WASHINGTON -- The savings and loan debacle of the 1980s will end up costing taxpayers around $100 billion, officials say, but for some large law firms, the tangle of bad debts and bankruptcies has been a money train.
Legal fees and expenses paid to outside lawyers by the government-owned Resolution Trust Corp., or RTC, recently passed the $1.5 billion mark and are still rising, say congressional investigators.
Some members of Congress, led by House Banking Committee Chairman James Leach, are asking if the government has paid for more legal services than it needed.
Specifically, Mr. Leach, an Iowa Republican, has questioned whether the RTC failed to police its hired lawyers well enough to make sure they weren't dragging out cases in order to push up their fees.
Meanwhile, the firm that has sent the largest bills to the RTC has also been accused by other law firms of being too aggressive in its efforts to recover funds for taxpayers.
The RTC was set up by Congress during the national wave of savings and loan collapses in the mid- and late 1980s, when it became clear that paying off federally insured depositors at failed banks and thrifts was going to be a multibillion-dollar undertaking that was too big for the Federal Deposit Insurance Corp., better known as the FDIC.
In addition to paying depositors, the RTC was directed to go after unpaid loans, real estate and any other assets that could be found in the corporate wreckage and sold off.
The most recent government records indicate that the RTC has been able to salvage $464 billion in assets from 747 failed thrifts.
But officials recently testified before the House Banking Committee's oversight subcommittee that the taxpayers' "net loss" will still be around $95 billion, and that does not include funds paid out before the RTC was created.
"Although a staggering and regrettable sum by any measure, the amount is substantially less than many were predicting when the RTC was created," said John Ryan, acting chief executive officer of the Resolution Trust Corp.
Mr. Ryan also said the RTC had collected $2.2 billion from former officers, directors and other officials involved in managing the failed thrifts. The legal fees for collecting this money amounted to about $487 million, he said.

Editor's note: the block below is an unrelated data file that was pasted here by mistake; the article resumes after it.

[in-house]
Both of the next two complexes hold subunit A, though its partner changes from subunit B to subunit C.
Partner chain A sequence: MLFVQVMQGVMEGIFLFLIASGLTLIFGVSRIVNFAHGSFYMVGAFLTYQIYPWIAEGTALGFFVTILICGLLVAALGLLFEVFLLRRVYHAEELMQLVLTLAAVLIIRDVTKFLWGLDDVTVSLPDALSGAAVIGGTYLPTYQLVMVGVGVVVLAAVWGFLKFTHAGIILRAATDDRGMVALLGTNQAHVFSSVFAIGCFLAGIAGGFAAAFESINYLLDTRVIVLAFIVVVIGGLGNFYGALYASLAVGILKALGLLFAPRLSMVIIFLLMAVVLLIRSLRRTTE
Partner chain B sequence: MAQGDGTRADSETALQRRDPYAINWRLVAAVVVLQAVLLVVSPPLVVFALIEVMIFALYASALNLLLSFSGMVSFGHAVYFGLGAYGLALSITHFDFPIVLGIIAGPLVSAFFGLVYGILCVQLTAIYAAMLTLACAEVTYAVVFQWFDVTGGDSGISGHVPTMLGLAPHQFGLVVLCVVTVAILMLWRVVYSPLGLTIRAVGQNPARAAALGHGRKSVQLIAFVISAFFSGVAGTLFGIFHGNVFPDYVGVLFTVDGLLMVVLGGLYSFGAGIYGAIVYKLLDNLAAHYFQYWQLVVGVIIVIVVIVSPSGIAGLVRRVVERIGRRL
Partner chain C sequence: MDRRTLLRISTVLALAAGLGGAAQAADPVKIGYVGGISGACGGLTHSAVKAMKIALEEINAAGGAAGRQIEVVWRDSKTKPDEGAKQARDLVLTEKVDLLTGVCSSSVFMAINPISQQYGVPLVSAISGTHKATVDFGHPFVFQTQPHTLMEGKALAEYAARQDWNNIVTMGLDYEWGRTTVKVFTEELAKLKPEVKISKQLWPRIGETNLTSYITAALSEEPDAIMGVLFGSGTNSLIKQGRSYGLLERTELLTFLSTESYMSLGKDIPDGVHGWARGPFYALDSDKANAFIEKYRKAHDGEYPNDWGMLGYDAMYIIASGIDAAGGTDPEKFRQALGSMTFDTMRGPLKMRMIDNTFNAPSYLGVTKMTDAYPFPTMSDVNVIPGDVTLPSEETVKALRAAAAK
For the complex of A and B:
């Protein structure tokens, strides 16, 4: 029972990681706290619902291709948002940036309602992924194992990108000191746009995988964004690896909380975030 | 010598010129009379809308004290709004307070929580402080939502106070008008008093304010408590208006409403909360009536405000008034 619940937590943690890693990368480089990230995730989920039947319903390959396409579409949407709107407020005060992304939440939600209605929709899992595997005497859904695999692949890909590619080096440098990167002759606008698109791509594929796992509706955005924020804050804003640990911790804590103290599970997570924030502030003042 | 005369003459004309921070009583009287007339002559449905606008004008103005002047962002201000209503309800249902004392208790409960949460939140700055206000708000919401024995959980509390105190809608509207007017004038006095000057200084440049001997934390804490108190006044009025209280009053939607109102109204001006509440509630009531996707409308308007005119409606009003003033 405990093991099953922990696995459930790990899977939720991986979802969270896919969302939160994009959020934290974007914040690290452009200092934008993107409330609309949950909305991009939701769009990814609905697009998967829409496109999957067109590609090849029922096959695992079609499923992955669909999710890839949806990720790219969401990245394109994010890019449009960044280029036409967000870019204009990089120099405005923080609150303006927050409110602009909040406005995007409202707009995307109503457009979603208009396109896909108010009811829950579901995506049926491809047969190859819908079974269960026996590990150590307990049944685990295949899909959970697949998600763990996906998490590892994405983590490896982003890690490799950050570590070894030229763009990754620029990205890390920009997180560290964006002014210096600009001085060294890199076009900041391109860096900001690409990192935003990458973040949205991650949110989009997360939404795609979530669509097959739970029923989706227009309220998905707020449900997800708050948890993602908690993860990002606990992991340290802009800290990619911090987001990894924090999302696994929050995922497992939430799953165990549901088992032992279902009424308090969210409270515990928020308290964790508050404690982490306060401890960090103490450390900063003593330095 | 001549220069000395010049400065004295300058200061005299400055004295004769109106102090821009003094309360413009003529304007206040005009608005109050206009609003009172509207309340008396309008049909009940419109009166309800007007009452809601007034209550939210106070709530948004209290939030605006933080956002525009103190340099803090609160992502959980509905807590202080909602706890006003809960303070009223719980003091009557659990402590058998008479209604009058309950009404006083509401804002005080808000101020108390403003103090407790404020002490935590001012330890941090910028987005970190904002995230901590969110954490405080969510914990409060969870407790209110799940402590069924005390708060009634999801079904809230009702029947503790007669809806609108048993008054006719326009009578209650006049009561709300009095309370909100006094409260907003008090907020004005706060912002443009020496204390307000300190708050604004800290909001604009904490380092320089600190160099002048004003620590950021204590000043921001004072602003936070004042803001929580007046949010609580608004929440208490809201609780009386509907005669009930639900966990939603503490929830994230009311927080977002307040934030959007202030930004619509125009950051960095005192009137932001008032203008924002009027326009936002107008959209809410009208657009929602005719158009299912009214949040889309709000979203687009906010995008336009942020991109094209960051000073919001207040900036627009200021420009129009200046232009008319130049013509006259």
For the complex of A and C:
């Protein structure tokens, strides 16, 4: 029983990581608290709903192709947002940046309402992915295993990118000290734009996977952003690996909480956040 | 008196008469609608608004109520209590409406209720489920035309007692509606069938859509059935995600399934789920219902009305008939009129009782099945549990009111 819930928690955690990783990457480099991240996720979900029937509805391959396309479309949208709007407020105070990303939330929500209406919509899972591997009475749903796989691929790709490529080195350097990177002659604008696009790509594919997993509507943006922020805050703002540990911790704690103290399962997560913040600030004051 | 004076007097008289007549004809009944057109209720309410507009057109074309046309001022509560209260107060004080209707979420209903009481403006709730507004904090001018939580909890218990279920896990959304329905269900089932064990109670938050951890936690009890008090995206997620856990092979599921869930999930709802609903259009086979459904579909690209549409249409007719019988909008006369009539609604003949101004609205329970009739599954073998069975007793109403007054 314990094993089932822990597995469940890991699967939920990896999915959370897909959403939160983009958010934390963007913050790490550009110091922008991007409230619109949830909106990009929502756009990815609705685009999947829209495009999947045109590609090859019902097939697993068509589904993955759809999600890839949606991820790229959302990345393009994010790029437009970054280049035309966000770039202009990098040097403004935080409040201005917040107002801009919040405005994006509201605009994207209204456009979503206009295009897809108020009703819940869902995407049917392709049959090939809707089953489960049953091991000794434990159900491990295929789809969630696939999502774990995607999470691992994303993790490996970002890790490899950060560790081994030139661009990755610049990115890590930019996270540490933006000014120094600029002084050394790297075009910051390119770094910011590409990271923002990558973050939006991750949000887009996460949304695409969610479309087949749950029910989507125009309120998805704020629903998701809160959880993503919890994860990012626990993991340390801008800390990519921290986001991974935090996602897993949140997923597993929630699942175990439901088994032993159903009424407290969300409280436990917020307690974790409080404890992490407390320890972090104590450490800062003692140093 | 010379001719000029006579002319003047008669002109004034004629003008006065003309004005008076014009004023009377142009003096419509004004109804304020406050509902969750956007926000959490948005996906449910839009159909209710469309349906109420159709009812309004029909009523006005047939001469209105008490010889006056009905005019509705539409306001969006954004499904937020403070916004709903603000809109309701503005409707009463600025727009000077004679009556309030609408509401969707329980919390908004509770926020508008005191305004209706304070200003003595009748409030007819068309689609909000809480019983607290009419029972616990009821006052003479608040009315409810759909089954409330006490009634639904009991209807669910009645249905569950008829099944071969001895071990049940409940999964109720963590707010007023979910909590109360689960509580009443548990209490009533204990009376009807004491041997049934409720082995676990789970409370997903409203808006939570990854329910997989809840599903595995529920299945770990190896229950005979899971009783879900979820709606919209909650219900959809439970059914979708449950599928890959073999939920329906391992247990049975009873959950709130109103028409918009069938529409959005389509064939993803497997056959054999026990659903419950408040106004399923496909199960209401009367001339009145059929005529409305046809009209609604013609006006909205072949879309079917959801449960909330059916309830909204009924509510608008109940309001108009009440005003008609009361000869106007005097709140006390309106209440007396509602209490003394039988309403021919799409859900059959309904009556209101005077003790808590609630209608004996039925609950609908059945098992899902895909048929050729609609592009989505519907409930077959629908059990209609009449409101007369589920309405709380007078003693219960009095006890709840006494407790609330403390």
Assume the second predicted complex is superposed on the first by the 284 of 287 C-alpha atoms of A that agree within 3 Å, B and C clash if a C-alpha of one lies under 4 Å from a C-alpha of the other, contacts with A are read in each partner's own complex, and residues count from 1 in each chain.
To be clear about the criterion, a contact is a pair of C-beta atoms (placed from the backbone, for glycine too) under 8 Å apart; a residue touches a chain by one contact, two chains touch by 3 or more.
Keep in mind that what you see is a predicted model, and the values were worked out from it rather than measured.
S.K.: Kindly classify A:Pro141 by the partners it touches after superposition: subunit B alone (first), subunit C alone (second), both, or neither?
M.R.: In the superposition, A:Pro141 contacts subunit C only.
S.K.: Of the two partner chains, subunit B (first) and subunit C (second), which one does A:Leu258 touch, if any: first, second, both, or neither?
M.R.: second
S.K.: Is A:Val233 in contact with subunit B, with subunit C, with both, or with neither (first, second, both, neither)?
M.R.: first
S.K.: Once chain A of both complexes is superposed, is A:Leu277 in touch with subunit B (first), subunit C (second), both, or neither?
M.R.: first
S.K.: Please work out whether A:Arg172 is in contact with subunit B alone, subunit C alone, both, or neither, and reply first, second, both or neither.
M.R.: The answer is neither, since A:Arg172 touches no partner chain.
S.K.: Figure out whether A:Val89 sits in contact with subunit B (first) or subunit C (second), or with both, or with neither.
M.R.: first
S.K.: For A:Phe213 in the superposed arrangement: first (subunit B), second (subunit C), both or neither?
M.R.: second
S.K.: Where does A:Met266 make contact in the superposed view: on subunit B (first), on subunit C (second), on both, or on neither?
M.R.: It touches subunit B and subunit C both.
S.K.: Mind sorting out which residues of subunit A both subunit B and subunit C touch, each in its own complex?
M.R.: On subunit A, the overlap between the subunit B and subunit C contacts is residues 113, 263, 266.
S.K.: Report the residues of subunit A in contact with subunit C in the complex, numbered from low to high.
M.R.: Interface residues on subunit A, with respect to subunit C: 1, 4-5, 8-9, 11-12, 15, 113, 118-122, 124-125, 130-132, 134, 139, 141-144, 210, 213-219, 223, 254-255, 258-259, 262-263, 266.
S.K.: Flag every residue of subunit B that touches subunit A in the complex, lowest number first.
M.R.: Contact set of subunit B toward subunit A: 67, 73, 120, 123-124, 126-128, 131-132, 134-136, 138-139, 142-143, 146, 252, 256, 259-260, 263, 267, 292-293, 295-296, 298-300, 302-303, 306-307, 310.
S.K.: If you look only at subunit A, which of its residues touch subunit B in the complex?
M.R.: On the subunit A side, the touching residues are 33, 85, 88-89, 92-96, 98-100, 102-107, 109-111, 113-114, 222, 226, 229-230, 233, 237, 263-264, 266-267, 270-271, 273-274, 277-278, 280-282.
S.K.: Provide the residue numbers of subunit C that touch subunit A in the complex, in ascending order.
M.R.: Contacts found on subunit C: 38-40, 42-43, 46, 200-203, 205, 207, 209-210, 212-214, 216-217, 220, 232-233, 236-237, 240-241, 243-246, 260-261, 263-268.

However, Mr. Leach noted that the RTC has paid a total of $1.5 billion in legal fees since its inception in 1989, according to the General Accounting Office. Two-thirds of the money appears to have gone for a myriad of often-routine legal tasks involved in tracking bankruptcy cases and selling real estate and other assets.
The outside law firms have not had a "clear, vested interest in early victory or an early resolution" of the cases they were hired to work on, the congressman charged.
"We seem to have a legal factory and it is not clear to me that there is as great legal oversight as maybe there could be," Mr. Leach told Mr. Ryan and other RTC officials at the hearing.
An RTC spokesman said last week that the 10 largest recipients of RTC legal payments had shared more than $218 million in fees and expenses, as of April. The firm that received the most, Morrison & Hecker of Kansas City, Mo., has collected more than $50 million since 1989, the spokesman said.
Among other cases, the Kansas City firm has attempted to recover assets left in the wake of the collapse of Lincoln Savings and Loan Association, which was headed by now-convicted felon Charles Keating.
Morrison & Hecker has even filed malpractice suits against six of Lincoln Savings' former law firms, as well as firms that represented other failed thrift institutions.
The tactic has prompted grumbling in legal publications that the RTC and Morrison & Hecker are attempting to hold other lawyers to impossible standards.
"We don't sue a law firm ever unless there's a clear case of wrongdoing," Morrison & Hecker litigator Michael Manning told the National Law Journal.
That was in April, shortly after his firm filed a $400 million malpractice suit for the RTC against Streich Lang, a prominent Phoenix law firm, for allegedly aiding in manipulative deals to conceal the financial difficulties of now-defunct Western Savings and Loan Association.